Earlier this month I’ve discussed the effects of economic shifts and crises on public policies and education with prof. César Correa Arias from Universidad de Guadalajara in Mexico City. This very discussion has been a firebrand which led me to once again rethink the usefulness of higher education and its prerequisites. Immediately I contemplated the eccentric Norwegian-American economist Thorstein Veblen who in his treaty The Higher Learning in America (1919) first criticised the homo oeconomicus approach in academia in American universities. Veblen argued that applying business standards to the operations of universities and measurements of the success of academic enquiry was smothering higher education and turning universities into mere advanced technical schools. This problem, it seems to me, has not been remedied, and has instead spread from the United States into the academic life in most countries.
Thorstein Veblen was best known for another of his works, The Theory of the Leisure Class (1899), however. And it is the theories laid in this treaty that render the conclusions of his enquiry into the conduct of the academia particularly pressing and dangerous today. His insight into sociology and economics made him argue that society is split into two classes: the industry which creates wealth through innovation and performing work, and the leisure class who earn their share of wealth through exploitation of the industry. What was true in 1920s has only increased in scale ever since. The continued disconnection between the real economy and financial markets which started in with the collapse of the Bretton Woods system and the rise of the debt economy (also known as the perpetual money machine) has sharpened the split between those two classes and, for the most part, removed any remnants of the middle class. This disconnection allows the leisure class to not only own a large share of the current wealth without introducing any work into the economy, but also to own a large share of the future wealth through rampant public and private debt. The fetishisation of money has also reached the academia, worsening the problem first described by Veblen in 1919.
This leaves us with two important issues for the higher education. The first one is that people increasingly expect universities to provide the students with jobs instead of knowledge and idle curiosity, especially in times and countries where there is a crisis and high unemployment among the young people. And many universities, together with their students, agree with this and try to promote or demand courses where practical skills are taught (and preferably no theory is introduced, so as not to satisfy the idle curiosity), indeed turning the universities into glorified technical schools. The problem is in that things which do not appear immediately useful or profitable often have tremendous effects in the long run. The ubiquitous mockery of the humanities and social sciences happening today worldwide is very dangerous. It is the literature which (mostly through novel becoming a popular form) pushed the Zeitgeist forward, showing people empathy (before the novel became popular people would have very few ways to think about other people’s experiences in such comprehensive manner). And it is philosophy which constantly allows us to rethink the normative side of our existence, where only the positive side is touched upon by hard sciences. Then if we leave the humanities out of the picture completely how will we quantify the loss in culture and understanding of the subtle, immeasurable human condition?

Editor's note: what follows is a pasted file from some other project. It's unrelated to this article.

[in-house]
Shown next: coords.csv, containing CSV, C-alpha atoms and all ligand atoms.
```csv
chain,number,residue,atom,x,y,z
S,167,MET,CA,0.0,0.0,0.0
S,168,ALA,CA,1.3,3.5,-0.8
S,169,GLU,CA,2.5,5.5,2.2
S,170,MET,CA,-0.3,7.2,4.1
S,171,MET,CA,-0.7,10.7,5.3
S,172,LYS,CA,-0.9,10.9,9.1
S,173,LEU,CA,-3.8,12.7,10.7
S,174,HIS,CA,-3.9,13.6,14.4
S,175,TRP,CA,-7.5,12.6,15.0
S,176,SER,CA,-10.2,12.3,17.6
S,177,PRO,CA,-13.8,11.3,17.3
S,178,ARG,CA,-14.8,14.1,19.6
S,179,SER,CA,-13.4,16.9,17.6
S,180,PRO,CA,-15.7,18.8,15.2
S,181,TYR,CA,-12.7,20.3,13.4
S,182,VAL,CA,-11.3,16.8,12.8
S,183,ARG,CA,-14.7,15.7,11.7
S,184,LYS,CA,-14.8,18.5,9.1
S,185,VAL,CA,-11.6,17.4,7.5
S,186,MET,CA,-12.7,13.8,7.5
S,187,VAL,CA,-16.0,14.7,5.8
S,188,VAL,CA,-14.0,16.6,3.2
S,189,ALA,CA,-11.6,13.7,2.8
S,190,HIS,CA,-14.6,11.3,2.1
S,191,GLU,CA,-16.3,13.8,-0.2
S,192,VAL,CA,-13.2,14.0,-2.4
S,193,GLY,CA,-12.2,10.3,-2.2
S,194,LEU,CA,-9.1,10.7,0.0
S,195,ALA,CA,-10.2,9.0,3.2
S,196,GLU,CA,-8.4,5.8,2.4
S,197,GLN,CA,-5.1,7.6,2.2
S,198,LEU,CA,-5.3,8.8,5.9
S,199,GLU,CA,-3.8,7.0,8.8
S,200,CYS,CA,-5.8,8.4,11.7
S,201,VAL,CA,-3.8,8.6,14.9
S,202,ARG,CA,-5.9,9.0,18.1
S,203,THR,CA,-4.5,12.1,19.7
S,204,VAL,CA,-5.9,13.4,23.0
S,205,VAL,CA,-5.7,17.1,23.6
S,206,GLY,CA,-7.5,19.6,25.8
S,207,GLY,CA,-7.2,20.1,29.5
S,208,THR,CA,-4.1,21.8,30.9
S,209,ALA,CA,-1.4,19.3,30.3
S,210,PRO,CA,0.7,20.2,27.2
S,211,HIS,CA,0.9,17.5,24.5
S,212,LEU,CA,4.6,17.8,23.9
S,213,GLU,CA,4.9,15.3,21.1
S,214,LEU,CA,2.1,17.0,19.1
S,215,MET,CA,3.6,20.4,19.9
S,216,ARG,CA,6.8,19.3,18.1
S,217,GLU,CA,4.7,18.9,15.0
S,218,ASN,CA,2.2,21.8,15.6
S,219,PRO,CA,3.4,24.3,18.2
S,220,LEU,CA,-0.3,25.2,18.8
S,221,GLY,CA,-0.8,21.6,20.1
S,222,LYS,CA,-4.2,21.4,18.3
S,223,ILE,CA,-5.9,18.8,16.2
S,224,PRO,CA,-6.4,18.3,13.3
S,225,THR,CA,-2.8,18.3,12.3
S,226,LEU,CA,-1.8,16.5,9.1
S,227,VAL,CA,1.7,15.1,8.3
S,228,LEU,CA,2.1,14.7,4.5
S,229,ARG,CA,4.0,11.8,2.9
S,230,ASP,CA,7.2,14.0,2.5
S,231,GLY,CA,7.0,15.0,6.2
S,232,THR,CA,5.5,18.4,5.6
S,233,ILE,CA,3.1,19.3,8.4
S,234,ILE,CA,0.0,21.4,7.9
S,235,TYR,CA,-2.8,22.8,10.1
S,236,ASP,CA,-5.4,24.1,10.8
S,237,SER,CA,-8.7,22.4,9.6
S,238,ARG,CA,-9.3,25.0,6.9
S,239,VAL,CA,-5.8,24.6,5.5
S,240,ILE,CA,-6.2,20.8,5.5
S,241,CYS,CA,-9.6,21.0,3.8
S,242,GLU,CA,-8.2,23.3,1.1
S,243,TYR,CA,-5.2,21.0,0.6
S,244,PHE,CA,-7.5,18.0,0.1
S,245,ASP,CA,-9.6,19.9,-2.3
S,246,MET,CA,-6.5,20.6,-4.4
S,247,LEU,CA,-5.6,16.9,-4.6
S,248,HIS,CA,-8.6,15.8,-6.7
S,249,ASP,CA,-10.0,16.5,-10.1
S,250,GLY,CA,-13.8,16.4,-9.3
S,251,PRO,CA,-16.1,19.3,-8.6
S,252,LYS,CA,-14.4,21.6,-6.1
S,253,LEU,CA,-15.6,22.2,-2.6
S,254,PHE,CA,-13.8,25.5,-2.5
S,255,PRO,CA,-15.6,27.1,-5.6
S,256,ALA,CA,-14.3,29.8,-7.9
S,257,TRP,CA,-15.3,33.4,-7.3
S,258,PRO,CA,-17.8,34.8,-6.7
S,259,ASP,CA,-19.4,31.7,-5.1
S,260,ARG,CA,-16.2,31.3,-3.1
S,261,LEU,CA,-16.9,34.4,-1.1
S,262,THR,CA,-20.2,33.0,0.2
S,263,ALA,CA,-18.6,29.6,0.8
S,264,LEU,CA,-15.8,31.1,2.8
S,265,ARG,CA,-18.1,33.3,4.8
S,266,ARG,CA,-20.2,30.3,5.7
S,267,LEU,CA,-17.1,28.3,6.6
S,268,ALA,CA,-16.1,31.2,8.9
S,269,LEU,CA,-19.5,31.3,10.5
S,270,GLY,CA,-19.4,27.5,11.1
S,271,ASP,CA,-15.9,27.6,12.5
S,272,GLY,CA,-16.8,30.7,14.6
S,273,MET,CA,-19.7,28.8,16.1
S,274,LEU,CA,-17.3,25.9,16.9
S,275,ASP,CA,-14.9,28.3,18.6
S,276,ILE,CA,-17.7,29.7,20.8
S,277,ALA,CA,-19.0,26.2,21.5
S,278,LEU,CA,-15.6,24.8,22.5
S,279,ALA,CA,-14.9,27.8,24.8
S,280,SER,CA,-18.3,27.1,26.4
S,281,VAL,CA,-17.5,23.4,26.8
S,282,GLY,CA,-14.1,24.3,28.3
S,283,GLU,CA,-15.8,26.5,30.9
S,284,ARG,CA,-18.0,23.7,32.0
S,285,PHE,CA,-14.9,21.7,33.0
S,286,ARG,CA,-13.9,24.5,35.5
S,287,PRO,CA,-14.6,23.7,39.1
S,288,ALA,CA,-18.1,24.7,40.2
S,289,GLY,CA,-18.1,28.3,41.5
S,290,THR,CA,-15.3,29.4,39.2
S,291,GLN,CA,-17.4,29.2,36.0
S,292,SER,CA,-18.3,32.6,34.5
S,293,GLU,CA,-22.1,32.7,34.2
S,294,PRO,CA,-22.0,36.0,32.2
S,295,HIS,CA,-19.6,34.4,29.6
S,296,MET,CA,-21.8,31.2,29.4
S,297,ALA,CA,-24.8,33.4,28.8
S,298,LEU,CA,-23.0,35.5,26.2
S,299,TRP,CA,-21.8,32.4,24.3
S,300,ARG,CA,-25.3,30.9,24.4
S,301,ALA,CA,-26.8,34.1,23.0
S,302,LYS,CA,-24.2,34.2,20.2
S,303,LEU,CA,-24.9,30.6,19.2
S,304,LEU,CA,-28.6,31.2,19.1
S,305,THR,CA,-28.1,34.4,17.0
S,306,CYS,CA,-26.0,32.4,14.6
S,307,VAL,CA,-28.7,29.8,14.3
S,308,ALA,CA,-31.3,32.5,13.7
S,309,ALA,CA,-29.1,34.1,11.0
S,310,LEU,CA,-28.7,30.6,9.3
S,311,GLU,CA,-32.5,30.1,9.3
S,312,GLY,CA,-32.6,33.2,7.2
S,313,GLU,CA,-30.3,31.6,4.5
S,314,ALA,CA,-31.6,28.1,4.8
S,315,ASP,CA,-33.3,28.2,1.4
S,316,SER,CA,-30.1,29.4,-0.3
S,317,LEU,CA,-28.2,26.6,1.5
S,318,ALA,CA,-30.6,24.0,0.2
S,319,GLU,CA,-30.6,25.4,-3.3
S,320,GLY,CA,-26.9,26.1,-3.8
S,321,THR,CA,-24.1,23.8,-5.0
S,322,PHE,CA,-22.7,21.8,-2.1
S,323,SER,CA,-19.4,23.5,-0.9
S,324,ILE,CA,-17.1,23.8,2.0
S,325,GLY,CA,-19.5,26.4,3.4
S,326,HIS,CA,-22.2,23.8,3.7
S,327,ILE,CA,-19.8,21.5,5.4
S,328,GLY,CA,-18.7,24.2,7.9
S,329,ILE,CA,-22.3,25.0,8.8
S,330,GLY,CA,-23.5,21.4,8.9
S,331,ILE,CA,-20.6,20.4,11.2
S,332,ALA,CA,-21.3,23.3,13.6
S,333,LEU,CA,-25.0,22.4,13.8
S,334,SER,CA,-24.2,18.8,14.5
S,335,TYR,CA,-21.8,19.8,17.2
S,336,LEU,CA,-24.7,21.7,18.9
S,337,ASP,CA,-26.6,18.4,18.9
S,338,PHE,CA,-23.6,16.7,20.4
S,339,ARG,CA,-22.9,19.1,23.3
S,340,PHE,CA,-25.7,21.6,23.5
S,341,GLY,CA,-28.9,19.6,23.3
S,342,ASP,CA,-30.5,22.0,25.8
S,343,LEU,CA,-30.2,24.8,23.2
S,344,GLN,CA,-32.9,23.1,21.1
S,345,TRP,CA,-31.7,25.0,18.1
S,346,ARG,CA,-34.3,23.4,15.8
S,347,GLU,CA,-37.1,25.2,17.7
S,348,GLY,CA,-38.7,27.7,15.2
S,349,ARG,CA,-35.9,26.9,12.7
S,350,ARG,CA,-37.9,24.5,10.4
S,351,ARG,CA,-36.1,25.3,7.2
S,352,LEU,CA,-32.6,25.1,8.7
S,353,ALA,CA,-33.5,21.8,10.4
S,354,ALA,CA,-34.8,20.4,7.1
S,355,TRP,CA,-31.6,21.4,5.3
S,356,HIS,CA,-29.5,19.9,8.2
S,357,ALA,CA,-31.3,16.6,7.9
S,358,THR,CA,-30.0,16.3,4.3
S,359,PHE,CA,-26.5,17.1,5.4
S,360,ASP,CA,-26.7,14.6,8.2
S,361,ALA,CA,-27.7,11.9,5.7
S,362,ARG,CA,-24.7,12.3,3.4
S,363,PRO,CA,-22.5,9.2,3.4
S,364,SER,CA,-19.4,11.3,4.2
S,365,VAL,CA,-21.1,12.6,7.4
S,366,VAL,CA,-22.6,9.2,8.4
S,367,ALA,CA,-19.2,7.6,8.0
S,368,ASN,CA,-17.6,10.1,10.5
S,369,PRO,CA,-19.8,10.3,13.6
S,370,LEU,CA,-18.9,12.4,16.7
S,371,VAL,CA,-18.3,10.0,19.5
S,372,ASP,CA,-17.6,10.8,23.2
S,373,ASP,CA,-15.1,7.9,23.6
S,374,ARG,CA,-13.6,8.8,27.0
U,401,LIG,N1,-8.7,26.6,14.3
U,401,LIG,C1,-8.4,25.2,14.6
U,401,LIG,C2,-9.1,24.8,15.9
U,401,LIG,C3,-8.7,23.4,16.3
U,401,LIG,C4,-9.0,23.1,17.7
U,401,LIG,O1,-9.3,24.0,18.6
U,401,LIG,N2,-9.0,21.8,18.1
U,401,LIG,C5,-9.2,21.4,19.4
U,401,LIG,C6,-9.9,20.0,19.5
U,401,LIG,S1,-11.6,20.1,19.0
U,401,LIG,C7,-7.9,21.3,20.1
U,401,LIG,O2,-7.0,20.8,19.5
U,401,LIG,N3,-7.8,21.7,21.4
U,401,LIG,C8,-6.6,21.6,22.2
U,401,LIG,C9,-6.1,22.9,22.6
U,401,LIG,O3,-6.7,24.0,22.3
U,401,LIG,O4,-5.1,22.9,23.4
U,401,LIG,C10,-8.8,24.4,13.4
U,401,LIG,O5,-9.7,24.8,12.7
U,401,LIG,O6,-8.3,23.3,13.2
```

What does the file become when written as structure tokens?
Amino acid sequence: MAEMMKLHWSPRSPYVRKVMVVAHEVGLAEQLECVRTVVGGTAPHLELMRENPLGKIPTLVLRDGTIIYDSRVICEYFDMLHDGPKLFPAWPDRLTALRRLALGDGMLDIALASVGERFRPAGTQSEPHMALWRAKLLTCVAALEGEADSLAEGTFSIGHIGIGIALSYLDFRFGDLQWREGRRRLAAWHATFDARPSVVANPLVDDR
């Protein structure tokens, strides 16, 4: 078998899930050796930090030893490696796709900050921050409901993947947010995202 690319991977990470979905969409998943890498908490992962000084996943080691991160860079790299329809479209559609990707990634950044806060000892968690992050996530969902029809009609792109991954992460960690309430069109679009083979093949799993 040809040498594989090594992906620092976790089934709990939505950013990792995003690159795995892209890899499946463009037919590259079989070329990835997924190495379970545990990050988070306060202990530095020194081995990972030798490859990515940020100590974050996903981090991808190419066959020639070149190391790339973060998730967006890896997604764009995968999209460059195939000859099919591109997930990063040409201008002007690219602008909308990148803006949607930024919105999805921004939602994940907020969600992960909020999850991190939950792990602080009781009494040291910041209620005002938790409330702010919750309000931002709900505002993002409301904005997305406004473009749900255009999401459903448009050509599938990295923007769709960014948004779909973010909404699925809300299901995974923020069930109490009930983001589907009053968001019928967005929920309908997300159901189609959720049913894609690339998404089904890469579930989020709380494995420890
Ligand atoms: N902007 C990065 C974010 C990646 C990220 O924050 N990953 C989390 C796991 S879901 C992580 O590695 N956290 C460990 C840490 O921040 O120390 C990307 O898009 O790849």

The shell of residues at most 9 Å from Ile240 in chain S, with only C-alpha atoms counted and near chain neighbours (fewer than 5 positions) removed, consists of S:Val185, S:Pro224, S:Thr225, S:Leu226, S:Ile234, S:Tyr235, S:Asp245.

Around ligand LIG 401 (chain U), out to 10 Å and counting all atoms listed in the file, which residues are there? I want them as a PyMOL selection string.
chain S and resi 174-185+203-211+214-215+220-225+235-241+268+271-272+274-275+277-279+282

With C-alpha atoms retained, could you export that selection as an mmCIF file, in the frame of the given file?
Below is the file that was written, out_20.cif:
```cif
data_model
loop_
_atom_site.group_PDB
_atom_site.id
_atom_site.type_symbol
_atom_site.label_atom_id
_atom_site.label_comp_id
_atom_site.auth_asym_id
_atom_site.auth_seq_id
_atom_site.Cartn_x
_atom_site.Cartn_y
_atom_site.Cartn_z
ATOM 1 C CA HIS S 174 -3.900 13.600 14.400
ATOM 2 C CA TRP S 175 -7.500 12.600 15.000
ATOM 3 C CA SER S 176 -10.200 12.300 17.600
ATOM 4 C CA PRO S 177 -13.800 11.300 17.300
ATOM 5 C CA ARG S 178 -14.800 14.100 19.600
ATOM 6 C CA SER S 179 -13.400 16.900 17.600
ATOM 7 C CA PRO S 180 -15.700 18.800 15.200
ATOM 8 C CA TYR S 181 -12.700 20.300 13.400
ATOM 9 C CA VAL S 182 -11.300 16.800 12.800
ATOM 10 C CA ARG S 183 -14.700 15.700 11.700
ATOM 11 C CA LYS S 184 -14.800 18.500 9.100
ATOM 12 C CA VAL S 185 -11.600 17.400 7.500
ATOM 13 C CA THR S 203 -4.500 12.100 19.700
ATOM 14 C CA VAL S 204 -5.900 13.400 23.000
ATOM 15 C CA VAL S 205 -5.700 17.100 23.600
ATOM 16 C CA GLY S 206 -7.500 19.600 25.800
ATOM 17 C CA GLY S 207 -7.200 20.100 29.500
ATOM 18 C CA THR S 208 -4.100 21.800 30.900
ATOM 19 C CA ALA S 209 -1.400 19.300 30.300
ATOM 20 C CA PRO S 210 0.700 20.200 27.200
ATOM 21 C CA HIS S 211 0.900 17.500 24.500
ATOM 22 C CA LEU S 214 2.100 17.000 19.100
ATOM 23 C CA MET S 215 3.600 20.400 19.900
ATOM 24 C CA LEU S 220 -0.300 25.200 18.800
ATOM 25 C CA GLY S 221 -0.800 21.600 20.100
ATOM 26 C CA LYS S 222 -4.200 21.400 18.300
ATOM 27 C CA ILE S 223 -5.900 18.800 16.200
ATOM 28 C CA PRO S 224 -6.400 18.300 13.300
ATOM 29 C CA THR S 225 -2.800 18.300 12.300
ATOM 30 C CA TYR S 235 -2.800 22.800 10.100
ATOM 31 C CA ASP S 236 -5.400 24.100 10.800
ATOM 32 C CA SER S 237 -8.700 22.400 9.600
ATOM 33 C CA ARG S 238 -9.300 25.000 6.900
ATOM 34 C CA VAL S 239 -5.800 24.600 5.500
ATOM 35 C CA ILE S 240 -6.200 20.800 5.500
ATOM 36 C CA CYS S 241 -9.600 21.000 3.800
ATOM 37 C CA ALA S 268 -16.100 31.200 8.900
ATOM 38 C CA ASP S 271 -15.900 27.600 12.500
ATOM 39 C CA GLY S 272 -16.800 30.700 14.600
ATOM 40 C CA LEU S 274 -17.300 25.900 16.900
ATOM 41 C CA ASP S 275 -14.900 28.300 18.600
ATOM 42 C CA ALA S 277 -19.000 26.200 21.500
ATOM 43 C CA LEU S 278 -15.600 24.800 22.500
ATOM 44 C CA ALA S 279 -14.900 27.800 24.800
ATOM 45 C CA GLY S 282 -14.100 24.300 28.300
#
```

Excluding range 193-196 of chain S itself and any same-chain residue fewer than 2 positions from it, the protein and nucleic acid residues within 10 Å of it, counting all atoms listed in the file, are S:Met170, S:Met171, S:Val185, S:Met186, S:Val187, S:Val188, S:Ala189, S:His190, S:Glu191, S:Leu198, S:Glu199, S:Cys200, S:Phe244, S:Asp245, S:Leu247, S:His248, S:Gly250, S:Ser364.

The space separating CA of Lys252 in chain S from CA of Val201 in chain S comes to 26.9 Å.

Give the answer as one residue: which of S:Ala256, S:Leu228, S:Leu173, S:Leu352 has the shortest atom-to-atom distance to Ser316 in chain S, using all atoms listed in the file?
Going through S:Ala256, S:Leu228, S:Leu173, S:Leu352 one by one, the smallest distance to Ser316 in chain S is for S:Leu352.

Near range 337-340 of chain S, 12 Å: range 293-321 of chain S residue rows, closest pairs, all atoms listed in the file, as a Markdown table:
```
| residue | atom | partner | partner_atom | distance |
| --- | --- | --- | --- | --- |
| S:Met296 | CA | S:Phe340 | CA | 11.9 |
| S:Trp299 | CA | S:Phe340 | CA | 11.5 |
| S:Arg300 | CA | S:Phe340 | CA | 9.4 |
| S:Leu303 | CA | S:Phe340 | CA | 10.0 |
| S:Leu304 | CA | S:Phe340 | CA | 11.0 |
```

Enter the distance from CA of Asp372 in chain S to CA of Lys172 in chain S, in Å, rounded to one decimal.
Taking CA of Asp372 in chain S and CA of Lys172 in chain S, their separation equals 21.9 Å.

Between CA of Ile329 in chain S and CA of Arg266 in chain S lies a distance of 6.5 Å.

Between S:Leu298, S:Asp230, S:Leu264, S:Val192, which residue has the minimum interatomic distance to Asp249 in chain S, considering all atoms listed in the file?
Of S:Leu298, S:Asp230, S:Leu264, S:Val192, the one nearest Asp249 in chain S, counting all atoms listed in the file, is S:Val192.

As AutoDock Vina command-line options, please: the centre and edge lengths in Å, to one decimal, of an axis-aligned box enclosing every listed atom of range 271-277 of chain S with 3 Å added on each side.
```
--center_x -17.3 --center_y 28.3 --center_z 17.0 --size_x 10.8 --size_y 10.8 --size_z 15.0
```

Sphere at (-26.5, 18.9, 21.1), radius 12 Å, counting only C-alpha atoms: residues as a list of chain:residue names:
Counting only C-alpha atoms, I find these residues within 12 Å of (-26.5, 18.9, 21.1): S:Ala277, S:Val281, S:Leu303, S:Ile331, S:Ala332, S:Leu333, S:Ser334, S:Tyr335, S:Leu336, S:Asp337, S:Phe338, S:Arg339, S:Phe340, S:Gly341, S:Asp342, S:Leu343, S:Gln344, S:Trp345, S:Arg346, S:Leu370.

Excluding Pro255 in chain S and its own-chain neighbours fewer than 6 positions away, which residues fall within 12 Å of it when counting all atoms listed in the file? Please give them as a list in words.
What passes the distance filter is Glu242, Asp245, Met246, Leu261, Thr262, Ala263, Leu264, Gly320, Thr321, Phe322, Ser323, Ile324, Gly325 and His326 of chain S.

The second problem is more tangible, but on some level perhaps less dangerous. If we treat science as a vehicle for the creation of wealth then we will need to gradually cut funding for the branches of science which don’t immediately appear useful, even among the hard sciences. And if we look at the history of science the breakthroughs have rarely appeared useful beforehand. Indeed one could argue that the things which we anticipate are not the real breakthroughs. The very frontiers of science often are hazy, and do not attract private funds. Just looking at the Large Hadron Collider shows how utterly uncertain and seemingly pointless from business point of view scientific research can be. And yet it is those very breakthroughs which push the civilisation forward and allow us to understand the world and create our own destinies.
Higher education and scientific enquiry are the institutions behind the massive change in Zeitgeist and the conditions of life, which in the modern form have pushed the civilisation from largely disconnected enclaves of agricultural labour camps into an interconnected, technological global village; and in the earlier sense have pushed the human kind from a handful of terrified, sickly creatures into a thriving global collective in no time (speaking on the grand, evolutionary scale). Recent disconnection between money and the real world makes the prospect of monetising academic institutions both more probable and more dangerous. The enquiry, and free enquiry, has to be defended at all costs, as without it there is no future, for the oppressed and the oppressing too.